As we mentioned, AD cannot be cured, but there are several things people can do to slow down the progress of memory deterioration. Drug therapies are a frequent solution because they can keep the symptoms at a bearable state, but the behavioral approach should be essential. Memory training is proven to help patients suffering from AD to be less forgetful. Psychotherapy can help with mood and depression.
Besides these things, getting enough sleep and maintaining a regular sleep routine is vital for patients with AD. Behavioral therapies for sleep problems are also great for managing AD symptoms; patients who experience nighttime awakenings should avoid daytime naps. Here is some advice for improving your sleep routine:
- Maintain a regular sleep/wake schedule and avoid napping during the day
- Expose yourself to bright daylight right after waking, and dim the lights when your bedtime starts approaching
- Create a safe sleep environment. Remove anything that could get in your way if you need to get up during the night
- Use sticky notes and labels to remind yourself of some daily tasks and simple things that you tend to forget
Five Common Causes of Sleep Disturbances Among Seniors
Older adults are more prone to diseases and these diseases often interfere with one another. It can be challenging to determine the underlying cause of seniors’ sleep problems. Here are some of the most common reasons for sleep deprivation in seniors:
There is an underlying medical problem.
- Seniors can suffer from a sleep disorder as a primary problem, but in many cases, sleep disorders are a secondary condition. Besides memory-related diseases, there are plenty of issues that can impair sleep. Some of them are urinary problems, Parkinson’s disease, depression, anxiety, osteoarthritis, chronic obstructive pulmonary disease, etc. Treating the primary issue should result in sleep improvement. If not, a specific sleep disorder needs to be treated separately.
Sleep-related breathing disorders (SRBD).
- Sleep apnea is a frequent sleep disorder among older adults, but there are numerous SRBDs that affect seniors. Since sleep apnea has been linked to many health problems, it is important to diagnose it. There are two types of this disorder – obstructive and central sleep apnea. Obstructive sleep apnea is more common, and its usual side effect is snoring. The chance of getting sleep apnea increases with age. People who are overweight have higher chances of developing this disorder. When it is not treated correctly, it can lead to excessive daytime sleepiness and poor sleep quality.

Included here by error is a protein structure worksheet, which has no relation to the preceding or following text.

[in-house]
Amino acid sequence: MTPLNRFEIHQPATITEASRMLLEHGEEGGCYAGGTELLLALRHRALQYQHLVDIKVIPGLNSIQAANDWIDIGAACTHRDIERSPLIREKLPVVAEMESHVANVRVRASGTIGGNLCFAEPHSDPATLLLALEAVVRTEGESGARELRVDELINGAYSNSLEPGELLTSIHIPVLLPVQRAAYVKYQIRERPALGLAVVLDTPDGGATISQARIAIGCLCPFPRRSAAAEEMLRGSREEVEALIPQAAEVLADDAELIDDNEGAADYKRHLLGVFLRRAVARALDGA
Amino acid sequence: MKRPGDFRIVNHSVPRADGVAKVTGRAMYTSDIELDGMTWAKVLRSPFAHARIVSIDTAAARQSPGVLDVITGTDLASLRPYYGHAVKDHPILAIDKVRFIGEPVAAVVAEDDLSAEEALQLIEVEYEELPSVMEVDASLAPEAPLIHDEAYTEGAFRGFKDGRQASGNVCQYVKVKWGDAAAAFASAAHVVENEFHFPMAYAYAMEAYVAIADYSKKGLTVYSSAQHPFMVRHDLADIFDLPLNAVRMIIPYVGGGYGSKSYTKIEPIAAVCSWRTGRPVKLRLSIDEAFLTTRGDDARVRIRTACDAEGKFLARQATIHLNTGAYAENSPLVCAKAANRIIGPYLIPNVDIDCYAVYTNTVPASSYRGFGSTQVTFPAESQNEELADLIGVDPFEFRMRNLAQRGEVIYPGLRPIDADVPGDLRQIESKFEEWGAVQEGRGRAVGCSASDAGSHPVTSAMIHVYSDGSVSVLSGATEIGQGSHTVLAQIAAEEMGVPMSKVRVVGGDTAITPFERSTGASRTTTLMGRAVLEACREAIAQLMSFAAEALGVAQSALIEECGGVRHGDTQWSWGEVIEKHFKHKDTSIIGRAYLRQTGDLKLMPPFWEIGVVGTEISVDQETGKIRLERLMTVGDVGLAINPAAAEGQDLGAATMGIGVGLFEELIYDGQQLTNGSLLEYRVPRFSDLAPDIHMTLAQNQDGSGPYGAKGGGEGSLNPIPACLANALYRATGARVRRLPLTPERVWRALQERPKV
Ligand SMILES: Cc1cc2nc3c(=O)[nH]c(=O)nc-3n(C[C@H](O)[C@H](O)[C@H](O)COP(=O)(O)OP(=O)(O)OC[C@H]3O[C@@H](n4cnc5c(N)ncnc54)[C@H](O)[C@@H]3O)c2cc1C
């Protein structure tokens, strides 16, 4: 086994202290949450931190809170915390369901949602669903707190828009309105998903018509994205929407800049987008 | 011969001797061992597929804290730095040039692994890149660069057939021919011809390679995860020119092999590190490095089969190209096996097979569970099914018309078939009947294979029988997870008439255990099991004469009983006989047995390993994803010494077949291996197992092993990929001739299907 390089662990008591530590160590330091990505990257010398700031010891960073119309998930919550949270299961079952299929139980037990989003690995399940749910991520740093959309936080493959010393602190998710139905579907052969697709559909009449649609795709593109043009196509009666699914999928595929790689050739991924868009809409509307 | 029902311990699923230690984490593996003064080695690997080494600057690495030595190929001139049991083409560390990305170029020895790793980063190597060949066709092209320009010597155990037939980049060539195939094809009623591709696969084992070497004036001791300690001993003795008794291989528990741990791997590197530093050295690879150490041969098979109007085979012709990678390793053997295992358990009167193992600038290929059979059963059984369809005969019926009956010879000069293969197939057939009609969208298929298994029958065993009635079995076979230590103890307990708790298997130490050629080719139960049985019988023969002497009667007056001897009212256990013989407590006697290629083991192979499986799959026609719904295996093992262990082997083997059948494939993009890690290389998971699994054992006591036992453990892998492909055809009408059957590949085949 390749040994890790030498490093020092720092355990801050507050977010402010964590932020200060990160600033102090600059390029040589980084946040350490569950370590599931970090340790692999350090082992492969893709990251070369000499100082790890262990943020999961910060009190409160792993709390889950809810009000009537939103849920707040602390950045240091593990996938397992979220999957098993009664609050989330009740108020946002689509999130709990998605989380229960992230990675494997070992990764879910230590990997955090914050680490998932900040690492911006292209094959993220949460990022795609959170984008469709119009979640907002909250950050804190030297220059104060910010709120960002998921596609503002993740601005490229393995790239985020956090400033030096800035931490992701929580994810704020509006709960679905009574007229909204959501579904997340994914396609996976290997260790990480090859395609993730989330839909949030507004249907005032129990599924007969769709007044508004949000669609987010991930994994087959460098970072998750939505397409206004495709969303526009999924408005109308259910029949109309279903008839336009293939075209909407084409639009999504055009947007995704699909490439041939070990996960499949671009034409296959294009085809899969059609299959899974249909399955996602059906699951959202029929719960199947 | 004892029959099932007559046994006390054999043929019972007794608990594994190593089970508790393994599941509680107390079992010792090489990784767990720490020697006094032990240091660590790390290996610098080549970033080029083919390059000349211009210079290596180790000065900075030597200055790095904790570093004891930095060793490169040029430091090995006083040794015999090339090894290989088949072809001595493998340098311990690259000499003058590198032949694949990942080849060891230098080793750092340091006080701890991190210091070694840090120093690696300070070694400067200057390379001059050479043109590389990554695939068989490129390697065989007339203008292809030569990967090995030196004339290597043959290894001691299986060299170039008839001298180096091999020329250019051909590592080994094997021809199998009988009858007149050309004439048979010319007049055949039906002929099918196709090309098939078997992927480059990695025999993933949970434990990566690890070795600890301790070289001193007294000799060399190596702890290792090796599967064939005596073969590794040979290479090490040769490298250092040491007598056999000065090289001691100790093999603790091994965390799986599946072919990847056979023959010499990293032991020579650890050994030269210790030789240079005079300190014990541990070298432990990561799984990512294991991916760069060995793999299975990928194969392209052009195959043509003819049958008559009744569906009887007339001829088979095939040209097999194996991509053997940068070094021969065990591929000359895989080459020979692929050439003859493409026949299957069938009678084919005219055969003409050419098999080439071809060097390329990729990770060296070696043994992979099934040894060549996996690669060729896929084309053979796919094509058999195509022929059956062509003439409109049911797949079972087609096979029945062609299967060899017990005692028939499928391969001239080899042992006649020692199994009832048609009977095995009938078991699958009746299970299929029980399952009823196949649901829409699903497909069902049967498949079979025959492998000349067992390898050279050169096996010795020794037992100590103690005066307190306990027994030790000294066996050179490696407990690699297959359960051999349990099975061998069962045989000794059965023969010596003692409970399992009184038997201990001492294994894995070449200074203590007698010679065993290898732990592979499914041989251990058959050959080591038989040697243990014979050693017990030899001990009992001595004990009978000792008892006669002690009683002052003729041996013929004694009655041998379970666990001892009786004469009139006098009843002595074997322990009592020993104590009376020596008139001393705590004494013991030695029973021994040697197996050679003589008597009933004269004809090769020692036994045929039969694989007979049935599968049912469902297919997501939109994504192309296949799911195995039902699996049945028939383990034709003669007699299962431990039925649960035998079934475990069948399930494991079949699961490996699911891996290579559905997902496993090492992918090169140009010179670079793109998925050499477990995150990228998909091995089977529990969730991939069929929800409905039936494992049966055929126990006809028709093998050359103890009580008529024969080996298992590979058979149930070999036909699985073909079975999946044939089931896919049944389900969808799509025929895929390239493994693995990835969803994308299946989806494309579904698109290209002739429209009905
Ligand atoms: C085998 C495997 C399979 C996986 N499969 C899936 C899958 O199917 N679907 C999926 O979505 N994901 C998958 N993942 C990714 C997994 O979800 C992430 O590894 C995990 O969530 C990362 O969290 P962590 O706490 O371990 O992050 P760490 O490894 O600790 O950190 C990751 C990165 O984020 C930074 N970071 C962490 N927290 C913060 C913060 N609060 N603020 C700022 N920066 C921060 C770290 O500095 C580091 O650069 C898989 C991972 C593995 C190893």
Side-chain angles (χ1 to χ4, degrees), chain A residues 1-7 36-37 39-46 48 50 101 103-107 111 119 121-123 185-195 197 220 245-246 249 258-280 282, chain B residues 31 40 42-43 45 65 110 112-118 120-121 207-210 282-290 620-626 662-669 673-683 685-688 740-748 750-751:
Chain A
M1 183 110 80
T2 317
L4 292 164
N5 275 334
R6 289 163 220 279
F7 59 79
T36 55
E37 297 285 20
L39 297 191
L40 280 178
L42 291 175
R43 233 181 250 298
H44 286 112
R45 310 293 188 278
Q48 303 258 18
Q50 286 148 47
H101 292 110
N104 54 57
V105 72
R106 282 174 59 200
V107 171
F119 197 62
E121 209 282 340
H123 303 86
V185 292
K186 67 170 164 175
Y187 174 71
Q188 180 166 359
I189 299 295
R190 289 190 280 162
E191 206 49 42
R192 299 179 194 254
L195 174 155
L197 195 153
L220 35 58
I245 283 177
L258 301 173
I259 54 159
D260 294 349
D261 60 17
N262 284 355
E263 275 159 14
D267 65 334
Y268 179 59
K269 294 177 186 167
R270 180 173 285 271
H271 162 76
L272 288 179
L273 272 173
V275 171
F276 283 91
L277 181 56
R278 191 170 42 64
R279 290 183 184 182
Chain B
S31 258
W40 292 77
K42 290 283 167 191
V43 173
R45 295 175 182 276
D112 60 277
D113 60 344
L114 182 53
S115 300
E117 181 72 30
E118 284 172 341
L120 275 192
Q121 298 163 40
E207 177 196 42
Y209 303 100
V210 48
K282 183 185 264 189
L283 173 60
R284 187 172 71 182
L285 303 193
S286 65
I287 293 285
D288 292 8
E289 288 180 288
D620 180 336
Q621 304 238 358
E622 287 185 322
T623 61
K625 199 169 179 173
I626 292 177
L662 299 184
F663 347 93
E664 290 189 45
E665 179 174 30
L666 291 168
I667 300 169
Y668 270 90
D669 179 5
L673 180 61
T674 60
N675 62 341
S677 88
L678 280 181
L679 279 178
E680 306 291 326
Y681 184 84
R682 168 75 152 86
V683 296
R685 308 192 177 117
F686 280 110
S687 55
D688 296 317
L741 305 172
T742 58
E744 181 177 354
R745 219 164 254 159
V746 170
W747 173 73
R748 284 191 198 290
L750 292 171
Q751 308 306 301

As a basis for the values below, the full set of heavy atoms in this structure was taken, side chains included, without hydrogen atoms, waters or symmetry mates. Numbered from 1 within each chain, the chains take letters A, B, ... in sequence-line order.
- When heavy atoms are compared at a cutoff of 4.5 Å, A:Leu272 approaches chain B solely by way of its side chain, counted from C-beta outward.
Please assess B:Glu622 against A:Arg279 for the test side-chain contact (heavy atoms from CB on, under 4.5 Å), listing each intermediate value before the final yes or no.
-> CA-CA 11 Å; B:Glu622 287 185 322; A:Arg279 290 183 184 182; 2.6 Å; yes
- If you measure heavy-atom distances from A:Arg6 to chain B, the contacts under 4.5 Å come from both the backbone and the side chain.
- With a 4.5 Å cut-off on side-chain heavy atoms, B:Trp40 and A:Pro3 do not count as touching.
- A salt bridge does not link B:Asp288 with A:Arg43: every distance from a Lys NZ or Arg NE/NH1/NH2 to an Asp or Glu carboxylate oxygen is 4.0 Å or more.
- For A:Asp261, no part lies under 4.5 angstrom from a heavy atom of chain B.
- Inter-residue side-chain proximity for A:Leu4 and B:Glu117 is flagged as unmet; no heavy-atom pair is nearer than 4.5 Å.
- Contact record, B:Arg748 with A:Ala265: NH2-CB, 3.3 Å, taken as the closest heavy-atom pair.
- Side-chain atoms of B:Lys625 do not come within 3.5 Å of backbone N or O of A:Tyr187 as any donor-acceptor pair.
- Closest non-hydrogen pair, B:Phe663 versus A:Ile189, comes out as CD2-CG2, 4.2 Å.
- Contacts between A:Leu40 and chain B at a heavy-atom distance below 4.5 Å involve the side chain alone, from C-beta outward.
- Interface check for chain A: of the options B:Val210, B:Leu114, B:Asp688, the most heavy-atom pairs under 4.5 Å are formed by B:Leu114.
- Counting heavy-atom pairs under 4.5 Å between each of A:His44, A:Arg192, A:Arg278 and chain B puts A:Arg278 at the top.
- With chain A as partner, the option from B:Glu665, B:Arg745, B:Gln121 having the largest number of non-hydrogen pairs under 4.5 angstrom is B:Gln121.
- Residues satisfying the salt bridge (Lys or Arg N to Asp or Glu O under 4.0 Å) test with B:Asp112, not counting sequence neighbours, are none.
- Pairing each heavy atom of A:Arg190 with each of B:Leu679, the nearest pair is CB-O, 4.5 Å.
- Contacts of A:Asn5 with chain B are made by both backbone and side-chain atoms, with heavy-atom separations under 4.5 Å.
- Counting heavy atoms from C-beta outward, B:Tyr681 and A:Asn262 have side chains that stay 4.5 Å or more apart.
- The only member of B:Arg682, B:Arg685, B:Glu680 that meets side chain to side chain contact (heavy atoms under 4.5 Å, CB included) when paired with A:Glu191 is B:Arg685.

Periodic limb movement disorder.
- This disorder triggers occasional movements in lower limbs, while the person is sleeping. These actions usually affect the knees, toes, ankles, and hips. The sleeper is sometimes not aware of these moves. However, if you are sharing your bed with a partner, he or she may be easily awakened and annoyed. It is not necessarily a bad thing, because a partner’s experience can be crucial in diagnosing this type of disorder. Periodic limb movement is often associated with sleep apnea or RLS, so it can be hard to identify it. There are still no proven treatments.
Restless leg syndrome (RLS).
- Experiencing any itching, tingling, or crawling sensations while you are trying to fall asleep is usually a sign that you have RLS. The symptoms are not painful. They will quickly go away if you move your leg, but anyway, they are not pleasant. The cause of this sleep disorder remains unknown. There are some indications that it can be related to the levels of iron and dopamine in our brains. RLS may seem meaningless, but it has been linked to depression and sleep-onset insomnia. If the patient takes certain medications, the symptoms can get more severe.
Insomnia is the prevalent sleep disorder in all age categories, which also bothers our seniors.
- Issues with falling, or staying asleep, are lowering the quality of their sleep and life. Elderly insomnia also triggers many other health problems. Anxiety, depression, fatigue, cognitive and memory impairment, and other issues that can have long-term consequences are the result of insomnia. Before taking any sleeping pills, try making behavioral changes. Create a sleep routine, exercise, anything, but keep the sedatives as your last resort.
Sleep problems alone in older adults are a significant lifestyle disruptor. Combined with memory problems and other disturbances, they are taking precious sleep from seniors. Older adults are a particularly sensitive age category. This is why they should not ignore any symptoms of dementia or sleep disorders. Reacting on time and consulting with a specialist can help manage the symptoms. It can maintain your quality of life at a satisfying level.